There’s also the option for residents to hunt alligators for sport. For this method, you must have a guide. A guide is someone who is a licensed alligator hunter or their helper. Unlike Helper Licenses, an alligator sport hunter must be with their guide at all times. These licenses also cost $25. This is an option for those who don’t have access to private or public lands.
Non-residents can hunt on any private land they own. Like with resident hunters, you must purchase an Alligator Hunting License and alligator harvest tags before you’re allowed to go hunting.
Like resident hunters, the tags provided are property-specific. They must also be on the hunter at all times when handling an alligator or looking to hunt an alligator.
Alligator Hunting License
Non-residents must still apply for their tags and license. While there are no additional fees for hunting on private lands, they must still buy the license. The non-resident hunting license is quite a bit more than the resident one at $150.
Alligator Sport Hunter License
If non-residents don’t own any land, then the only other option for them to hunt in Louisiana is to get an Alligator Sport Hunter License. They must know someone who has either a hunter or helper license in the state.
Sport hunters must always be with a licensed hunter or helper while on the search for alligators. Like with the Alligator Hunting License, the cost is $150.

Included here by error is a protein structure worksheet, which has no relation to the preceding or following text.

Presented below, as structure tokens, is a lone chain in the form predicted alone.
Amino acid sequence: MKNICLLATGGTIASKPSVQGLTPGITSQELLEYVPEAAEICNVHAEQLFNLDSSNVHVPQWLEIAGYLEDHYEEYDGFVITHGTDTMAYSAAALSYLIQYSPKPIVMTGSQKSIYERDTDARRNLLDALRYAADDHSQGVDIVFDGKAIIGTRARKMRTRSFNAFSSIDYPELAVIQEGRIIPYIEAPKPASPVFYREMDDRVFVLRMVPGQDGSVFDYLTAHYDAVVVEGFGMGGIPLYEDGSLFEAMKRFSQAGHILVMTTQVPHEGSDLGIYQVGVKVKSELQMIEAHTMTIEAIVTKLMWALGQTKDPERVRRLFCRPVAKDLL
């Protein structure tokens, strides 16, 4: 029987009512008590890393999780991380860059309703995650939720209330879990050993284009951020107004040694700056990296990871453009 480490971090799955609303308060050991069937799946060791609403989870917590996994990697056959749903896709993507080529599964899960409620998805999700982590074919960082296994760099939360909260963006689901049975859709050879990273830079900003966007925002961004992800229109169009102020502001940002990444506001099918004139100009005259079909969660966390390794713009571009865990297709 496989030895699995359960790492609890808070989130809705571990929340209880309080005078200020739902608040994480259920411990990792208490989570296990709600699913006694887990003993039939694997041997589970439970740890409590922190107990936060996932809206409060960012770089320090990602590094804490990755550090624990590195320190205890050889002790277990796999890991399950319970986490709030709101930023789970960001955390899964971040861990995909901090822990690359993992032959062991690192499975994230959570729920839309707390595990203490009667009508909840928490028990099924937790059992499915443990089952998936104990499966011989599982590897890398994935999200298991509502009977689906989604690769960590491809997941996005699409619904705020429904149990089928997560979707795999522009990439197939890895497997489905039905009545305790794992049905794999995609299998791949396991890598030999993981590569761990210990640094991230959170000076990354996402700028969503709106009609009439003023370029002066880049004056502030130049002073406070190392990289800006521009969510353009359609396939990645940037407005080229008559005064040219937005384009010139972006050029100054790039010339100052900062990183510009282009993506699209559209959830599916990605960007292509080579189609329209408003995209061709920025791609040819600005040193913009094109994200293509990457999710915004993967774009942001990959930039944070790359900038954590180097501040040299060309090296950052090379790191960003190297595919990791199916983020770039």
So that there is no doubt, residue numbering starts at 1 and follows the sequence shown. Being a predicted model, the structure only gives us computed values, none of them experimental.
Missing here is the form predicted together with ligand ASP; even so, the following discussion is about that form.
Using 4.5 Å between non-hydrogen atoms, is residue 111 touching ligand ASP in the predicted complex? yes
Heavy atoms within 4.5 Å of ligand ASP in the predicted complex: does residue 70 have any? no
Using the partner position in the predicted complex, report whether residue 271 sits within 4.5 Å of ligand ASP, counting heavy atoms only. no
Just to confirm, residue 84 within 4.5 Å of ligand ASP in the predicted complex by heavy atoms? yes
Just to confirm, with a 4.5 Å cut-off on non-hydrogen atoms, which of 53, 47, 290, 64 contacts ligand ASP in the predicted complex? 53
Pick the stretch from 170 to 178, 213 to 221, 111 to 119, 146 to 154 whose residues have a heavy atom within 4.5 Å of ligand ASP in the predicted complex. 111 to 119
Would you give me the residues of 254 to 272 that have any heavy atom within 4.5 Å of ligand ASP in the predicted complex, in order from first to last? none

For private lands, the Louisiana Department of Wildlife and Fisheries (LDWF) provides tags for the owner or someone who has permission from the landowner to hunt on the property. However, not every landowner in Louisiana can get a tag.
The land must have a wetland habitat on it that’s considered capable of sustaining an alligator harvest.
If you don’t have land that’s suitable for alligator harvesting, the other option is to hunt on public lands and lakes. LDWF hands out these tags via bidding or a lottery.
There are roughly 1,245 alligators over 40 wildlife management areas and lakes every year. With an average of 400 residents applying for these tags, there’s plenty to go around.
Bidding for alligator hunting in Louisiana starts at the end of June. To bid, you must fit the minimum criteria. This includes being a resident of Louisiana and at least 18 years of age before the bidding starts. You must also have previous experience with alligator hunting in Louisiana. The minimum acceptable bid is 40 percent.
Since equipment isn’t provided, you have to be able to bring your own equipment to the area you’re bidding on. You also have to be able to go to the area you bid on every morning until you fill your quota. Unlike other hunting options, you can’t just go on your free days or occasionally through the season.
Some areas will have specific rules, as will LDWF that you must follow. You must ensure you keep up with your records. As part of the application, you will have your background checked and screened for previous wildlife and criminal violations. If you have a felony conviction, littered, or been convicted of Class Two or above wildlife or WMA/USACOE/Refuge violations, you will be disqualified.